Thank god there’s another part of me, a bigger part, that feels admiration and a touch of awe when I see a woman who isn’t afraid of being seen. The older I get, the more I suspect that the source of a woman’s visibility is her ability to see herself.

In other words, it’s time to grow up and it’s time for us to take charge of our own publicity.

For years, I waited for someone to notice, someone to ask me to dance.  I have waited for submissions to be accepted and literary recognition.  I waited for compliments, validation, and thanks. In conversations, I’d ask a lot of questions and wait patiently for my turn, which didn’t always come. If asked what I did for a living, I’d explain about my kids and the teaching or the bookstore but I didn’t call myself a writer– to do so felt self-aggrandizing and possibly untrue. After a wedding or a vacation of some other photo opportunity, I’d pore over the pictures hoping that this time, the camera had magically captured my good side.

What the hell am I waiting for?


Step #1: Make Your Own Picture.

  1. Charge up the digital camera and put on your best shirt.
  2. Take a picture of yourself and then really look at it. Think like an artist: How is the background, angle, composition, light? Think like a writer: What is the story? What is the mood? What’s interesting? What do you want to say?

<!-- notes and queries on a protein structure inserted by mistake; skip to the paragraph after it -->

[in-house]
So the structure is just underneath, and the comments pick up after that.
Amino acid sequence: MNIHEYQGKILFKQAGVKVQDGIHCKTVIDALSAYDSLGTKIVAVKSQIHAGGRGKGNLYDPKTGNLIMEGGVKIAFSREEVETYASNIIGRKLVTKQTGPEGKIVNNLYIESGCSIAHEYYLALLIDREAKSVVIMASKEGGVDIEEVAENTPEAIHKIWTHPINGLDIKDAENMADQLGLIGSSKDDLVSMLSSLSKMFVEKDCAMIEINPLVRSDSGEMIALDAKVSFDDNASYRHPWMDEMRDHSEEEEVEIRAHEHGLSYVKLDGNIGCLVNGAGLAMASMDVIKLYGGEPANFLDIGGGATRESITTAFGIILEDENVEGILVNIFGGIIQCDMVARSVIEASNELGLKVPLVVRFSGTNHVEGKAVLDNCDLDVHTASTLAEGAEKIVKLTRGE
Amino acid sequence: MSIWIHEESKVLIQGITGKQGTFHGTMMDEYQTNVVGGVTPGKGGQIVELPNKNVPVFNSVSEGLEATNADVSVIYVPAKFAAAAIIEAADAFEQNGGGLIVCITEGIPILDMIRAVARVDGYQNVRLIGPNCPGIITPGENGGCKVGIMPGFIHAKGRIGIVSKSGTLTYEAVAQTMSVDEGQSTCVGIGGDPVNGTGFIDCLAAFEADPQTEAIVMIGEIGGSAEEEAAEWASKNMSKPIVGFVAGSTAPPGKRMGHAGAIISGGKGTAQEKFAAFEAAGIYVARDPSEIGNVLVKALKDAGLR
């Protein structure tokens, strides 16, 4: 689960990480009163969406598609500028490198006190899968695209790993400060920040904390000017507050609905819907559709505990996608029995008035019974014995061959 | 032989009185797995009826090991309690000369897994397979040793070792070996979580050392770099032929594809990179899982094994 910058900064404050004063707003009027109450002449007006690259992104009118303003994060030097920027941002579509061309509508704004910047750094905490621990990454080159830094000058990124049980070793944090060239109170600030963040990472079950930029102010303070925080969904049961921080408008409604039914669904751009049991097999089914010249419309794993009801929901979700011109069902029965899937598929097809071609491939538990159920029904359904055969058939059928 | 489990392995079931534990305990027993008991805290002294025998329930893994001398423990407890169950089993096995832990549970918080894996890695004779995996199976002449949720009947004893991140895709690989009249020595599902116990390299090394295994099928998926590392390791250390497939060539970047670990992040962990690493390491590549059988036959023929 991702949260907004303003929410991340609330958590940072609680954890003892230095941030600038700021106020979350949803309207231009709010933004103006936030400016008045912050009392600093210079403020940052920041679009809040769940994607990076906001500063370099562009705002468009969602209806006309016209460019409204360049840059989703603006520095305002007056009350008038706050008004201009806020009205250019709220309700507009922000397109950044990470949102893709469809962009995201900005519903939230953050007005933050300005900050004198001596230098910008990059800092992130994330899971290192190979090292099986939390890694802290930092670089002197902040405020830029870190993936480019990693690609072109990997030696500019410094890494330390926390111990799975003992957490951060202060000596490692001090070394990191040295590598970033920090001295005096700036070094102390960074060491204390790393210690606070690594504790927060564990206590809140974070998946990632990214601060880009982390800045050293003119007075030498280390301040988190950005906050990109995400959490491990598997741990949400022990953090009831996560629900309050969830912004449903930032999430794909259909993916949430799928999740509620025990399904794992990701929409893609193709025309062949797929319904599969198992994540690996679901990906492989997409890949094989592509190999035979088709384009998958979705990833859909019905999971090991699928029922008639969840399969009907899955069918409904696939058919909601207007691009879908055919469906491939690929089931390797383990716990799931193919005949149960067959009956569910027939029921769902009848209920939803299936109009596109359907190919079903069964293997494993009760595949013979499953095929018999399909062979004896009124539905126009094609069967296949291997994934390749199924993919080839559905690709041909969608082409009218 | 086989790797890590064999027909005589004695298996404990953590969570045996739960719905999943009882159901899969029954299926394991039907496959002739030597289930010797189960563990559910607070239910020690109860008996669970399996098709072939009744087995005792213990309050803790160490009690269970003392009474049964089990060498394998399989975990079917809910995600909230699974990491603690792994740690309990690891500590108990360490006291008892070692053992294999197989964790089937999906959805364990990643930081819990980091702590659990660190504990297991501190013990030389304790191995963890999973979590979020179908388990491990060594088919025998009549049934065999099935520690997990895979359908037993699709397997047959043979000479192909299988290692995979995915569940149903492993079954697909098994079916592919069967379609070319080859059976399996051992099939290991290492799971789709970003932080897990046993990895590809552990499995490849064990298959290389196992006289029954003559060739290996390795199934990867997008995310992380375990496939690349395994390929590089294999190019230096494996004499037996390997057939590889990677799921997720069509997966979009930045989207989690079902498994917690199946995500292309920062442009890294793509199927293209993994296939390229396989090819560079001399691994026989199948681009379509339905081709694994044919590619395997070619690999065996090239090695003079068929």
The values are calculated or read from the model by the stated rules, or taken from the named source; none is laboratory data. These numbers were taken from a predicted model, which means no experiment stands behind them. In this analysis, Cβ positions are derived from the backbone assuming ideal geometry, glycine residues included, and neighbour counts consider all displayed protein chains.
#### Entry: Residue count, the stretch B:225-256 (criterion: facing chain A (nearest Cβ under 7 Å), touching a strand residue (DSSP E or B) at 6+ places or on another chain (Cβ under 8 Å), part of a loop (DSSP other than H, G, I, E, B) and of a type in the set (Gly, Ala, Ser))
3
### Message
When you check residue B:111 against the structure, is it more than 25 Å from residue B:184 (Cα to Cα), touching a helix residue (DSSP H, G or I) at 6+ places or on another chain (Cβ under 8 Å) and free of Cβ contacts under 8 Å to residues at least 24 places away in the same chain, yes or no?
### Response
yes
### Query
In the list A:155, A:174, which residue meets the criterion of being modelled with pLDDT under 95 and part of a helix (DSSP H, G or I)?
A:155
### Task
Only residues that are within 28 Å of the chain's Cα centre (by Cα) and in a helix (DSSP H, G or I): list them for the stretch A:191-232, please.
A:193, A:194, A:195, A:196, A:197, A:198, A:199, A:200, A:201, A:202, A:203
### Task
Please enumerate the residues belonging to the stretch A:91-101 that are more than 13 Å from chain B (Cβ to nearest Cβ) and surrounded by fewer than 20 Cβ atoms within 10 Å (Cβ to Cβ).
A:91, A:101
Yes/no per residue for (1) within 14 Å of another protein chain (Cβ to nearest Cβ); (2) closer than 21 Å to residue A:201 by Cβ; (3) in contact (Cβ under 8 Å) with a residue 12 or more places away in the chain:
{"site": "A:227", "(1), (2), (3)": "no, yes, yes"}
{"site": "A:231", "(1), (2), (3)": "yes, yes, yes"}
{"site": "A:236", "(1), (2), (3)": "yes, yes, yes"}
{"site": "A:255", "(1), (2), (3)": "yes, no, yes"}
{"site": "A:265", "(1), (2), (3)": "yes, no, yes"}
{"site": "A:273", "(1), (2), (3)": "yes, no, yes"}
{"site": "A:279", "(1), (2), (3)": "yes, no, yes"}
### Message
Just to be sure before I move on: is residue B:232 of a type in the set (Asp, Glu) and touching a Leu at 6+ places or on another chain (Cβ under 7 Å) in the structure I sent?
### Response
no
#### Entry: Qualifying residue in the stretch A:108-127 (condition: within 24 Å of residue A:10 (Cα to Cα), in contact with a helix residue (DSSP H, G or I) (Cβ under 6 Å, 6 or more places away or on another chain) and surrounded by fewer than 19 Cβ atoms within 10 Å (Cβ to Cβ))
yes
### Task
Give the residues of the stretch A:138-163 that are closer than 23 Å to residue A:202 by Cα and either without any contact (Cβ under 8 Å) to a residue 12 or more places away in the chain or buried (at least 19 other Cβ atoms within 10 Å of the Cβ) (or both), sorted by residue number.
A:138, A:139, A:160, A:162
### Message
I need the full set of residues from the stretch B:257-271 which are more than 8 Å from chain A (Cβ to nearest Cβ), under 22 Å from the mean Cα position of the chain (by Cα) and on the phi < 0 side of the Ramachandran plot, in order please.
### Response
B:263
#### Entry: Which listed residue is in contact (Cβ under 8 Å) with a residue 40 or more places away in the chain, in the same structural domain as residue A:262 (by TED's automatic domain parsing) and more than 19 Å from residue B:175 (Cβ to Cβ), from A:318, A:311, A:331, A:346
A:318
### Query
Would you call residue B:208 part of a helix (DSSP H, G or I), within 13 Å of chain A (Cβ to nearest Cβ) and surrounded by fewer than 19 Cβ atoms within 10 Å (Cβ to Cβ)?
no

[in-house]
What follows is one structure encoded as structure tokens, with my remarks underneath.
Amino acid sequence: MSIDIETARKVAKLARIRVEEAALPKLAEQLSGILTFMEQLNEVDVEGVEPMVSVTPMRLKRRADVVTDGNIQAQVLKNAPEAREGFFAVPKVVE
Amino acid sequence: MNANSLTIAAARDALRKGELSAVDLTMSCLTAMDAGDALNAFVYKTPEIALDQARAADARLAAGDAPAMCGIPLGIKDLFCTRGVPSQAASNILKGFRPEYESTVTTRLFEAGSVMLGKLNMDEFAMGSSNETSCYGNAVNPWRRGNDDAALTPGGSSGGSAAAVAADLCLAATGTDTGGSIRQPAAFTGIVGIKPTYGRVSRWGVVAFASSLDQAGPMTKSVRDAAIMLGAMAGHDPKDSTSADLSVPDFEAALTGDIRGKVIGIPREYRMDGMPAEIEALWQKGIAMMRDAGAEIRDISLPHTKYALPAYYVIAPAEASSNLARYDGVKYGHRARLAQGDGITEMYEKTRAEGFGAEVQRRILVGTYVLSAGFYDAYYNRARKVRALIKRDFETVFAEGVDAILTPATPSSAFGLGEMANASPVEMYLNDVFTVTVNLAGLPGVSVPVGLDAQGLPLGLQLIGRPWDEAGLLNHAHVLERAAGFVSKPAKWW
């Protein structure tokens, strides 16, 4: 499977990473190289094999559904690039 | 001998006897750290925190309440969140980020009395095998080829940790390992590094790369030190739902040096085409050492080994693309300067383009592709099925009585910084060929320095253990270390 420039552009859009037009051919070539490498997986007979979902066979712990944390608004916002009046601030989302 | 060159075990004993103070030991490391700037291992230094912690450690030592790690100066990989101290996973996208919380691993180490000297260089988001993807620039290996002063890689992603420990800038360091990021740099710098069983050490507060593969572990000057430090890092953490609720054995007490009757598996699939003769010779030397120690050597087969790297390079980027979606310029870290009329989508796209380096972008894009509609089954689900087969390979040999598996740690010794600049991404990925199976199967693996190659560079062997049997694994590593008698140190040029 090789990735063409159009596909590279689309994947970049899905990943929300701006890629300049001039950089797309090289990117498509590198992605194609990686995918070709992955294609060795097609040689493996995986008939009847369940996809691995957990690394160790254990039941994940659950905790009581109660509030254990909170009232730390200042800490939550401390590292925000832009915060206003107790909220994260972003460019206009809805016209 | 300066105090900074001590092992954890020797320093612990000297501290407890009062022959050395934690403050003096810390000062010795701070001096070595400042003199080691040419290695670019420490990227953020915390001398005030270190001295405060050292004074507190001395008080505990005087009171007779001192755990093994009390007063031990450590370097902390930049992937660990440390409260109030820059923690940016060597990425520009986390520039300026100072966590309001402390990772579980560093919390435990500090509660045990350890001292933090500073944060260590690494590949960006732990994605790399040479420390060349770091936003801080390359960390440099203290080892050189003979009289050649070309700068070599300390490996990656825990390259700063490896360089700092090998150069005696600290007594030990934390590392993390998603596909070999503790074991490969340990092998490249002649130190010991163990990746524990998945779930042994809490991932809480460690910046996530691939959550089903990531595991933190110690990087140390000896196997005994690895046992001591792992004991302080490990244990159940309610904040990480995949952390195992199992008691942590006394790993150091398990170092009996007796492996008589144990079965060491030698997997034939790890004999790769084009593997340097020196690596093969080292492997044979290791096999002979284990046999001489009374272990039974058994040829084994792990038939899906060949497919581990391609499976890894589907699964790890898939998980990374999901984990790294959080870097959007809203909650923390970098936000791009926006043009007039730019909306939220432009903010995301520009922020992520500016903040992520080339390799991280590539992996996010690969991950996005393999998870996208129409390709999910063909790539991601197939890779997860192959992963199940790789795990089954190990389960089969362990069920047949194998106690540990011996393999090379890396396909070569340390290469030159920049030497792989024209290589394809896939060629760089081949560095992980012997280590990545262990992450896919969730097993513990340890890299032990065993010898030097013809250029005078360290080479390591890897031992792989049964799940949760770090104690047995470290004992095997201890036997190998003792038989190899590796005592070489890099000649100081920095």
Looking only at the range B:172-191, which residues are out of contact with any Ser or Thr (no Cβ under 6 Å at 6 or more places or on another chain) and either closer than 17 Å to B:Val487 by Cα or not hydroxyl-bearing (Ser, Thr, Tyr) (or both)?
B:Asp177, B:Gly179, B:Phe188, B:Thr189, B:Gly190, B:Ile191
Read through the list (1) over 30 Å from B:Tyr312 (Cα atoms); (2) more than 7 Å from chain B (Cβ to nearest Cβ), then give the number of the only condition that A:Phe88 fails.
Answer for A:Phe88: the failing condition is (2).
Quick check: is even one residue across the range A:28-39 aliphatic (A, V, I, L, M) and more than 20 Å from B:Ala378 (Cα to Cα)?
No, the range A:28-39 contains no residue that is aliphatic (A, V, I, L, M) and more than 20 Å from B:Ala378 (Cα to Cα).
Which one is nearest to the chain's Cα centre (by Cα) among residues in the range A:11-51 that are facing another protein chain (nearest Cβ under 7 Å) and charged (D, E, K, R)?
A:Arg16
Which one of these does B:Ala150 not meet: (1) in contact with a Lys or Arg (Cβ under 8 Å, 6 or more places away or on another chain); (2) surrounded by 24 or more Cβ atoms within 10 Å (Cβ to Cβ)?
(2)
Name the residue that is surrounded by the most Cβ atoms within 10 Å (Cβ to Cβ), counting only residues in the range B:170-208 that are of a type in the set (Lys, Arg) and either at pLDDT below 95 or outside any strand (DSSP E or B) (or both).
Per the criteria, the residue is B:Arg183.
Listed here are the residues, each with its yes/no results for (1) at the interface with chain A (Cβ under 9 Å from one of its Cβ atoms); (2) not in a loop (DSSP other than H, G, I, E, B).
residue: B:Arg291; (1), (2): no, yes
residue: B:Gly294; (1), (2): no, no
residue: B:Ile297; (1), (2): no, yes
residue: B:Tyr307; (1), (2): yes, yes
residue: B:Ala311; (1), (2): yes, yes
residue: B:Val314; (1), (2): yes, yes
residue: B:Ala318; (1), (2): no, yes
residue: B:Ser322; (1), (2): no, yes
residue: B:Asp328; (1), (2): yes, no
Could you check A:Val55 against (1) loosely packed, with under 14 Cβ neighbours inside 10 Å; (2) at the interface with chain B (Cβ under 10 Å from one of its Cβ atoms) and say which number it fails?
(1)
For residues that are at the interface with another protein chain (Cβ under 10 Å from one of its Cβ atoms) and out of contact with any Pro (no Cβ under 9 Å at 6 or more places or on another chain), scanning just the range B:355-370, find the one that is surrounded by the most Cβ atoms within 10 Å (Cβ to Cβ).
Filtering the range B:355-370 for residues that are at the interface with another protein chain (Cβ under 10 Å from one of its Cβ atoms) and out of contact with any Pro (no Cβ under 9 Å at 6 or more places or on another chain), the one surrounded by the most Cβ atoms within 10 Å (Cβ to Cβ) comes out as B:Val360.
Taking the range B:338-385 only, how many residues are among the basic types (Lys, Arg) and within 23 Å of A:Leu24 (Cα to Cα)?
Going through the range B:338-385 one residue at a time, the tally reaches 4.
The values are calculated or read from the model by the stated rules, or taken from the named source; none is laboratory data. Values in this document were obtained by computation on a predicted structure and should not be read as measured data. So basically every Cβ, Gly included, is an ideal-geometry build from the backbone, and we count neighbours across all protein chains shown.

3. Move to another spot. Adjust the depth and angle. Turn on a light. Try a different character. Will you be a smiler or a serious type, a dreamer or a doer? Look right into the lens like you’re looking at an old, dear friend. Gaze up at the light, try a profile. Think thoughts.
  4. Hide the parts you want hidden. Make it as real as you want it to be. Experiment with putting  feelings on your face. Can you make your soul shoot out of your eyeballs? Can you tell a story without moving your mouth? 
  5. Keep taking pictures. Keep looking at the pictures and evaluating. This is just part of the editing process. Nobody else is here, no one is looking, it doesn’t matter what they think. Take a million pictures. Do not stop until you have one you like.
  6. Go to, upload your photo, and play with the effects.  
  7. Put the photo somewhere where you can see it and remember.

What are you waiting for?

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About Anna Fonté

Girl in the Hat, aka Anna Fonté, is an author who writes about invisibility, outsider status, everyday monsters, and her attempts to befriend the neighborhood crows. The things she writes want you to look at them.


  1. Aia

    Chère Anna,

    Once again, and quite simply stated, I love you! You are brilliant, gorgeous, funny, honest, daring, courageous, expressive and I wish I could write like you!